Binh Thuy AB

A Funny Thing Happened To Me While On Post

© 2013 by Jaime A. Lleras , CMSgt, USAF, (Ret.)
632nd SPS - 1970

Photo: A1C Jaime Lleras

Photo: A1C Jaime Lleras

This is a story I wrote about my first few months in Vietnam at Binh Thuy AB, and links to the photos I took.

A Funny Thing Happened To Me While On Post

It was January 6, 1970 and I was somewhat okay with getting on a flight to Vietnam, especially since I had volunteered for the assignment.  However, once I got to Ton Sun Nut, for in-country training, I started to wonder why I wanted to go to Vietnam.  It was hot, (in January) and it was scary listening to the ‘booms’ (mortar attacks) at a distance and seeing the sky light up at night, while everyone took it as the norm.  I also couldn't deal with the amount of and the size of the mosquitoes.  I remember the first few nights there when I dressed up for bed – wearing my state-side fatigues, buttoned all up and wore my long black boot socks before getting into my mosquito netted bunk – and they still ate me up.

Once I arrived at Binh Thuy in mid-January, my opinion of Vietnam was getting better, especially since I got a sense of belonging and welcoming.  It was easy to set-in with the guys there. Coming from the law enforcement side of the house, working security was interesting, but I really got comfortable with the guys on the 632nd.  I don’t remember how long I spent on the mid-night shift, but working nights was still very scary.

One night as I stood guard on one of the towers on the perimeter road, facing the Bassic River along the Tra-noch village (I believe).  While using my night goggles, I started to notice that there was some flashing lights going on/off between two trees on the other side of the river bank.  It seemed to me as though some sort of signaling was going on.  Trying to do ‘my job’ of identifying suspicious activities, I called it in to CSC.  Awhile later the desk sergeant came back on the radio with an ‘all-clear’ response.  Now, that bothered me and I was getting concerned because as I kept looking at these trees, I continued to see the signaling, so about a half hour later, I called it in again.  The desk sergeant checked with the ‘out-post’ and came back with an ‘all-clear’ response again.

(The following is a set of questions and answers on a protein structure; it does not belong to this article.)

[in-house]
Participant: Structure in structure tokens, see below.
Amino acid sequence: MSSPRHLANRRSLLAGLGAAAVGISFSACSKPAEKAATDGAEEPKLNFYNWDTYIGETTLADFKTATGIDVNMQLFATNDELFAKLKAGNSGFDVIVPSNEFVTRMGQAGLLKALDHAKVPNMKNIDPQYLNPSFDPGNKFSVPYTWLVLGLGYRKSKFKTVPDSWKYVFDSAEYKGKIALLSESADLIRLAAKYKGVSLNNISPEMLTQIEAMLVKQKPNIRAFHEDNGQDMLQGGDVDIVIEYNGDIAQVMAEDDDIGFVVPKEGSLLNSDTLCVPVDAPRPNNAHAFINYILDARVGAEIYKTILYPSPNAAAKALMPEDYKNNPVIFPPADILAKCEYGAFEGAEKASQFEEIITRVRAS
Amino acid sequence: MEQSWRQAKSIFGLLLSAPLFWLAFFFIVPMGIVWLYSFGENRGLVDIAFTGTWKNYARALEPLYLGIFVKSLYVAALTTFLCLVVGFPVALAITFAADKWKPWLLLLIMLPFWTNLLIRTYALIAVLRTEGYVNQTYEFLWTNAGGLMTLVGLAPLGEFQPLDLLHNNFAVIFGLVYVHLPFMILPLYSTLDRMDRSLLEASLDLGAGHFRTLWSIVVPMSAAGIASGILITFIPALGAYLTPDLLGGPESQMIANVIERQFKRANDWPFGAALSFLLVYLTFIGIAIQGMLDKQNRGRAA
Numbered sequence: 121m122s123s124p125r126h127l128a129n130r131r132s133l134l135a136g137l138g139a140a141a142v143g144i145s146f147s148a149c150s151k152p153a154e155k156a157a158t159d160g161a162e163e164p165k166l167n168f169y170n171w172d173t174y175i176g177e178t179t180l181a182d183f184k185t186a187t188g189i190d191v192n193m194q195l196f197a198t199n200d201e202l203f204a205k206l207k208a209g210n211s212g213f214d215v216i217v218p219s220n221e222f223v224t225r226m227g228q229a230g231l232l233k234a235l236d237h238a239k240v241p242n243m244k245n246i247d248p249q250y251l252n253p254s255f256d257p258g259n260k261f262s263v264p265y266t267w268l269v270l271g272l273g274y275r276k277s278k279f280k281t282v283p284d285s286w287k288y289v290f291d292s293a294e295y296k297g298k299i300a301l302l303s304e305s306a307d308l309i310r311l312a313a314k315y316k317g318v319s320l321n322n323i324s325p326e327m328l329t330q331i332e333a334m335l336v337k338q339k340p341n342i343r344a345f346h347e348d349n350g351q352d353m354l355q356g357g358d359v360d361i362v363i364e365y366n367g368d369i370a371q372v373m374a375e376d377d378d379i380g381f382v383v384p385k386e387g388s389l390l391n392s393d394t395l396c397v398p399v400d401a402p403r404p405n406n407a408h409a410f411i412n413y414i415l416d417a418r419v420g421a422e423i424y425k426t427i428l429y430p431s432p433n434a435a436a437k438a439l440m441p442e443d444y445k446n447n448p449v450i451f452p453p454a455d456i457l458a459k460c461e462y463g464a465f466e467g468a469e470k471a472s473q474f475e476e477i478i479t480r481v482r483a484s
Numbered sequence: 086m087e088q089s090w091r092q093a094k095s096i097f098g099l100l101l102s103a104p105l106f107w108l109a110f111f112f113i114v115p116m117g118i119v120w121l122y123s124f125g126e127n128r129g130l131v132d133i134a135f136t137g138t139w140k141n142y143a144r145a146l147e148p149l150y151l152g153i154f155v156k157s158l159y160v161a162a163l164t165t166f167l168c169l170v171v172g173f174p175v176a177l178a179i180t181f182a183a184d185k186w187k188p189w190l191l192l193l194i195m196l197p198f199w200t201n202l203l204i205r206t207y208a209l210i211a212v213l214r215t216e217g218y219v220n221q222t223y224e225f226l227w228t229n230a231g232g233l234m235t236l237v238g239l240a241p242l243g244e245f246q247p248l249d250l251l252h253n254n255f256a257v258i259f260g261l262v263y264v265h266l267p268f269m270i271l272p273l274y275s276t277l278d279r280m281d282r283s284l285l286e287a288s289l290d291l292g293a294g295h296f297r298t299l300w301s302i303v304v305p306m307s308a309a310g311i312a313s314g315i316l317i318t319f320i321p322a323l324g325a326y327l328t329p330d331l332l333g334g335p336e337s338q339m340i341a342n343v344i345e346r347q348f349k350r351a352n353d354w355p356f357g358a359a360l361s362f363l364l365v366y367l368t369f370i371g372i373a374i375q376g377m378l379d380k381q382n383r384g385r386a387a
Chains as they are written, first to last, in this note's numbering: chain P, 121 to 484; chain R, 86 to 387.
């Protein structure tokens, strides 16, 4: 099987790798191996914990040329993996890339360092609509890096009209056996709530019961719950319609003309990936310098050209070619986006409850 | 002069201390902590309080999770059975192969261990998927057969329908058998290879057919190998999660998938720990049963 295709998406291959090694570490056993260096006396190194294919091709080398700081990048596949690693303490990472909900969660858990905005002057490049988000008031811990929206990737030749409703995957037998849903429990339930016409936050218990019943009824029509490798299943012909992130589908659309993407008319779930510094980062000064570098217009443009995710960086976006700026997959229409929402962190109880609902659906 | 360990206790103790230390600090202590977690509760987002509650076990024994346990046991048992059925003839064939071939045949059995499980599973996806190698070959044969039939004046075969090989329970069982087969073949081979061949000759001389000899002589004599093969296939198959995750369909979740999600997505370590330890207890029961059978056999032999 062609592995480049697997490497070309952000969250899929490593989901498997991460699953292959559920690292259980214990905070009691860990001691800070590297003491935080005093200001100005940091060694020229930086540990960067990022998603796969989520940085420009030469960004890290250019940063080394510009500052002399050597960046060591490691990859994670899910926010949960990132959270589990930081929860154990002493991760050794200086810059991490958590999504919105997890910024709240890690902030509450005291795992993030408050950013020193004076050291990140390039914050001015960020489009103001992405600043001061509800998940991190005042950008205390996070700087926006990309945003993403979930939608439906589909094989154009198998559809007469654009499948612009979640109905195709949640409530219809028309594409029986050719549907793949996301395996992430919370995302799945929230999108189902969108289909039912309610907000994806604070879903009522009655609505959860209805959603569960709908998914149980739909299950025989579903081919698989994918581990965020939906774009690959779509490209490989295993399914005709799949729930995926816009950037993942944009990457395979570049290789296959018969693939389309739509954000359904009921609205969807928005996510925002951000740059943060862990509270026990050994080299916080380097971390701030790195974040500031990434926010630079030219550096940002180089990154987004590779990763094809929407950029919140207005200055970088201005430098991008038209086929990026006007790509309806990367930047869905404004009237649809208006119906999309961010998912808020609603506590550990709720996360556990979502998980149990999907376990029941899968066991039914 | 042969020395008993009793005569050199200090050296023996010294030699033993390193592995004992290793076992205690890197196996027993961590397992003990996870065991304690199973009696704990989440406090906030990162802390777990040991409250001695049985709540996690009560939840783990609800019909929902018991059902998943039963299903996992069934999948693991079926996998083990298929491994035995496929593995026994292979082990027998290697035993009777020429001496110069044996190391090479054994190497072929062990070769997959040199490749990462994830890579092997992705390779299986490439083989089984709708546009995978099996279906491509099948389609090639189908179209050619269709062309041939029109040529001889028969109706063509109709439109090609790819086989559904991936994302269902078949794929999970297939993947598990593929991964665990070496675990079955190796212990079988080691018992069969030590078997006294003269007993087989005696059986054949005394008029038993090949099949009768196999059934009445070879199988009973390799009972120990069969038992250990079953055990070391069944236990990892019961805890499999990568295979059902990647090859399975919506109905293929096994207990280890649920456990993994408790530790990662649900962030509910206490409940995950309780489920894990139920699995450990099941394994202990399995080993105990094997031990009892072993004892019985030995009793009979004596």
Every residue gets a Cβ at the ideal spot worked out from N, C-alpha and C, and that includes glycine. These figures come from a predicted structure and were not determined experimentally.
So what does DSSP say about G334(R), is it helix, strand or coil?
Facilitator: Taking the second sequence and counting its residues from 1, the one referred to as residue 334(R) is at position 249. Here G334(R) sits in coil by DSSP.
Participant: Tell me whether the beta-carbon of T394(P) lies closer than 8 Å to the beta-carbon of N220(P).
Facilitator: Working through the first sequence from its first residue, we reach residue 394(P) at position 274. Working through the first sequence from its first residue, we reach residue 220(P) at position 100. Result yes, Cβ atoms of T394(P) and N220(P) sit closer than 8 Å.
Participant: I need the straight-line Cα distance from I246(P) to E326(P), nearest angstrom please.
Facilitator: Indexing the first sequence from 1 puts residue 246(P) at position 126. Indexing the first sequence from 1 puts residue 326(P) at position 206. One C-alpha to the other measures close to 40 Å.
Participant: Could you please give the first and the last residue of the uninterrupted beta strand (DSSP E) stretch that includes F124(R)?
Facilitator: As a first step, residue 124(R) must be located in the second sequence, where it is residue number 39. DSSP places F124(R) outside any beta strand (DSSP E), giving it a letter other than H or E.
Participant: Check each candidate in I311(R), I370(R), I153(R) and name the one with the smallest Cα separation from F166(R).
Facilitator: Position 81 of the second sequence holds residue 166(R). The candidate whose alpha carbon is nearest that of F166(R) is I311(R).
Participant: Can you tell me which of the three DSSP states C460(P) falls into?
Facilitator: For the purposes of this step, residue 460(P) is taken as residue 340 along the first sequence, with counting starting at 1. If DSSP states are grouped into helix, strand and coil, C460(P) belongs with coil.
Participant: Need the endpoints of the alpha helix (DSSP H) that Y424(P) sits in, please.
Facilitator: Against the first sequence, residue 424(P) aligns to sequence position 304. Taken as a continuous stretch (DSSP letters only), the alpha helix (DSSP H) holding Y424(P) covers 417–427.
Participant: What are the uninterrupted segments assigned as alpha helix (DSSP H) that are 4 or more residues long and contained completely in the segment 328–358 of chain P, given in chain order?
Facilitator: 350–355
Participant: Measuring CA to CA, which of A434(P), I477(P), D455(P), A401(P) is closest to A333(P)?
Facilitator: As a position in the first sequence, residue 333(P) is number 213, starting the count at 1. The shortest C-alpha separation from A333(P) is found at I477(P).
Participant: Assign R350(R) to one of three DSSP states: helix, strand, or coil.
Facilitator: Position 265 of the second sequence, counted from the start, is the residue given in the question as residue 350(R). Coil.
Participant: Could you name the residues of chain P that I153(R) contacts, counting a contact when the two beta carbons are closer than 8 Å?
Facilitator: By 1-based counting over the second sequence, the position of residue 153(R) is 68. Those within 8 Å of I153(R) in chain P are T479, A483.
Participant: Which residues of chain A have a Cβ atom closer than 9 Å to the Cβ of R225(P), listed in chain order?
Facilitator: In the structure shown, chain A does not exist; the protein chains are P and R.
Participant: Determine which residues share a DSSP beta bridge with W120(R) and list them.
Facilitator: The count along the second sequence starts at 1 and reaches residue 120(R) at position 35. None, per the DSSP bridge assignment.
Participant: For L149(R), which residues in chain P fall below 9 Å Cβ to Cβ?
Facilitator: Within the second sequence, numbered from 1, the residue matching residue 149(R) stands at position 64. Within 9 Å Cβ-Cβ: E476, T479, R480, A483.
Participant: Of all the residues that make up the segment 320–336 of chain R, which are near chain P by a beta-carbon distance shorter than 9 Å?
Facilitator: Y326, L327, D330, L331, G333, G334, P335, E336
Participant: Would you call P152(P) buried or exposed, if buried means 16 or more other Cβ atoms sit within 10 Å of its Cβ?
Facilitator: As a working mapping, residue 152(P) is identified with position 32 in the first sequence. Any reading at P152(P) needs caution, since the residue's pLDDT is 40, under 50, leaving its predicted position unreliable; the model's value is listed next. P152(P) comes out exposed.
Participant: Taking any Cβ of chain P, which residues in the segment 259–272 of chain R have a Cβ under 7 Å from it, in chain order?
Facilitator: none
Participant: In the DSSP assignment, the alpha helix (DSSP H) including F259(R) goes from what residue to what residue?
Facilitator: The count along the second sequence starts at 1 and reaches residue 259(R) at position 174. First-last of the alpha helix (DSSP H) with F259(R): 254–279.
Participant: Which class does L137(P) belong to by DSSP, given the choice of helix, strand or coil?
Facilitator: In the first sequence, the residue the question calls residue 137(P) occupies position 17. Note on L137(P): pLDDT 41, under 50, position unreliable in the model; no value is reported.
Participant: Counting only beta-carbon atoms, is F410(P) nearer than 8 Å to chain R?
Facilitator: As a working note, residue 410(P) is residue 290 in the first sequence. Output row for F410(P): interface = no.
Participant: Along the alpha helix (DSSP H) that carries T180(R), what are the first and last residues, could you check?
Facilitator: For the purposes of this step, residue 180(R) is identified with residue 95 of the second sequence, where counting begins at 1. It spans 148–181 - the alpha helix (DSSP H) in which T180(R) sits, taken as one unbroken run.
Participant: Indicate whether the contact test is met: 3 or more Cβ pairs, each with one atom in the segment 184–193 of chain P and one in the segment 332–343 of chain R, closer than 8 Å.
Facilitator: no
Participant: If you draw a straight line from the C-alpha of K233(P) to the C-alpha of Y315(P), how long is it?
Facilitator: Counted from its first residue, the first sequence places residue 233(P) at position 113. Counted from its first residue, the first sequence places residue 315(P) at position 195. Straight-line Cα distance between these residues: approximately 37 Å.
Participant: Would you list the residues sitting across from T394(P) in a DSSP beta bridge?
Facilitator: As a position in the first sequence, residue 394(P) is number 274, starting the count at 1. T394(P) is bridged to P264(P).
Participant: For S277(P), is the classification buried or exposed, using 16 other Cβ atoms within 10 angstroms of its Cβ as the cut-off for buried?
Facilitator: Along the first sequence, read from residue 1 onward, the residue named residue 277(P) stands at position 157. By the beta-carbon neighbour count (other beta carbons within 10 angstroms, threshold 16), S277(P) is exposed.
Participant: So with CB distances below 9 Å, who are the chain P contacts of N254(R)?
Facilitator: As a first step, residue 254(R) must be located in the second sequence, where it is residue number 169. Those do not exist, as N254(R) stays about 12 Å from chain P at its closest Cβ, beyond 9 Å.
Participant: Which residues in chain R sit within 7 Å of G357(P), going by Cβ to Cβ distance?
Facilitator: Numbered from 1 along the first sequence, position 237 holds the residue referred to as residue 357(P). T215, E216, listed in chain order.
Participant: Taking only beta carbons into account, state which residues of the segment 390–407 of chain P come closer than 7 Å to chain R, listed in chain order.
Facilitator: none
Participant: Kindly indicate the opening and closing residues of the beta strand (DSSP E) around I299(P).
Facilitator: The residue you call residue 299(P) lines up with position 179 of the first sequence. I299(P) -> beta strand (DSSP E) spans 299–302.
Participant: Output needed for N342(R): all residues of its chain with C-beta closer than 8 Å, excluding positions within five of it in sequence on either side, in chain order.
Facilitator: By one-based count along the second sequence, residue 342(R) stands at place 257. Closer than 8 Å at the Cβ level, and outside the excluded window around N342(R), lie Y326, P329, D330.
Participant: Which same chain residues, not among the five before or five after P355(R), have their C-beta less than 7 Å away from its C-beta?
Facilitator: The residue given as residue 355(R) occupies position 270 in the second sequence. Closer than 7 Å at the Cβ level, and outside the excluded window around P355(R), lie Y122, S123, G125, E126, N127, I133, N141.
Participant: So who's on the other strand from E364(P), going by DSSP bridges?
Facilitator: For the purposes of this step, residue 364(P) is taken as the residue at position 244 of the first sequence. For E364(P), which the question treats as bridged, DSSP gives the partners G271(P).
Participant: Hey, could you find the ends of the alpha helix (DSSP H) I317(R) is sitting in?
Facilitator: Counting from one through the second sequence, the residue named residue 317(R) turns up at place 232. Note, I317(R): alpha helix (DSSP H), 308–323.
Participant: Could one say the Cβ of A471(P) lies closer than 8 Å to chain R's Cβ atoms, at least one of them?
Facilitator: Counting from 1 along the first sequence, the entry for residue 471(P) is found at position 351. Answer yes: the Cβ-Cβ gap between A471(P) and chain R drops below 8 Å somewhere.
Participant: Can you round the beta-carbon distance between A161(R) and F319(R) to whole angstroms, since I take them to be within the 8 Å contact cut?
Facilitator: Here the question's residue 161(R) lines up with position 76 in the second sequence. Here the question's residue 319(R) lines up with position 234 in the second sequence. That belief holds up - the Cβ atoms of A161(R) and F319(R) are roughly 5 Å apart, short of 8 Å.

I think it was after the third time I called in this activity when a vehicle stopped at the bottom of the tower.  I challenged the person – “Halt who goes there?” – and found out it was my flight chief.  He responded and started coming up the tower.

Upon reaching my post he asked me to show him what my concern was, so I explained to him what I was seeing.  After hearing my explanation, he took the night goggles and checked out the river bank to see if he saw the flashing lights I was talking about.  As he scanned the tree line, he made a grunt sound as if to agree with me.  He even said “I see” after checking both trees – [here comes the funny part] he then turned to me and said “boy where the F--- are you from?” to which I proudly said “Brooklyn, NY, sir” thinking he was impressed with my actions.  He said, “Brooklyn!”  “How old are you?” and I said “19 Sir,” to which he said, “You piece of sh--.”  “young punk-ass kid.”  “Are you f---ing stupid or just plain dumb?” to which I replied, “NO SIR” while being confused and changing my concern.  My look must have been killing him because after shaking his head, he said, “boy, haven’t you even seen a lightning bug”?  I said “a what?”  A lightning bug, you Sh--Head” and I said “NO SIR.”  He then explained it to me while laughing his ass off.  He laughed so much that he almost fell off the ladder as he was going down to his jeep.  After that, I was known as ‘Lightning Bug’ for about a month.  The truth is I had never seen a lightning bug during my childhood in New York City, roaches, for sure, but not lightning bugs.

I realized that my flight chief could have handled this in a better way, especially since I was a ‘newbie,’ however; I also understand how funny this seemed to him and any other person not growing up in an urban city.  Needlesstosay, I have never forgotten this lesson in life, especially when I mention this story and people still laugh. 

After a few months on flight, I developed a skin rash which the doctors said was skin malaria and after being treated, I was required to work in air conditioning areas, which is how I ended up in the armory the rest of my tour – another interesting assignment.

Jaime A. Lleras - aka Sgt LQ

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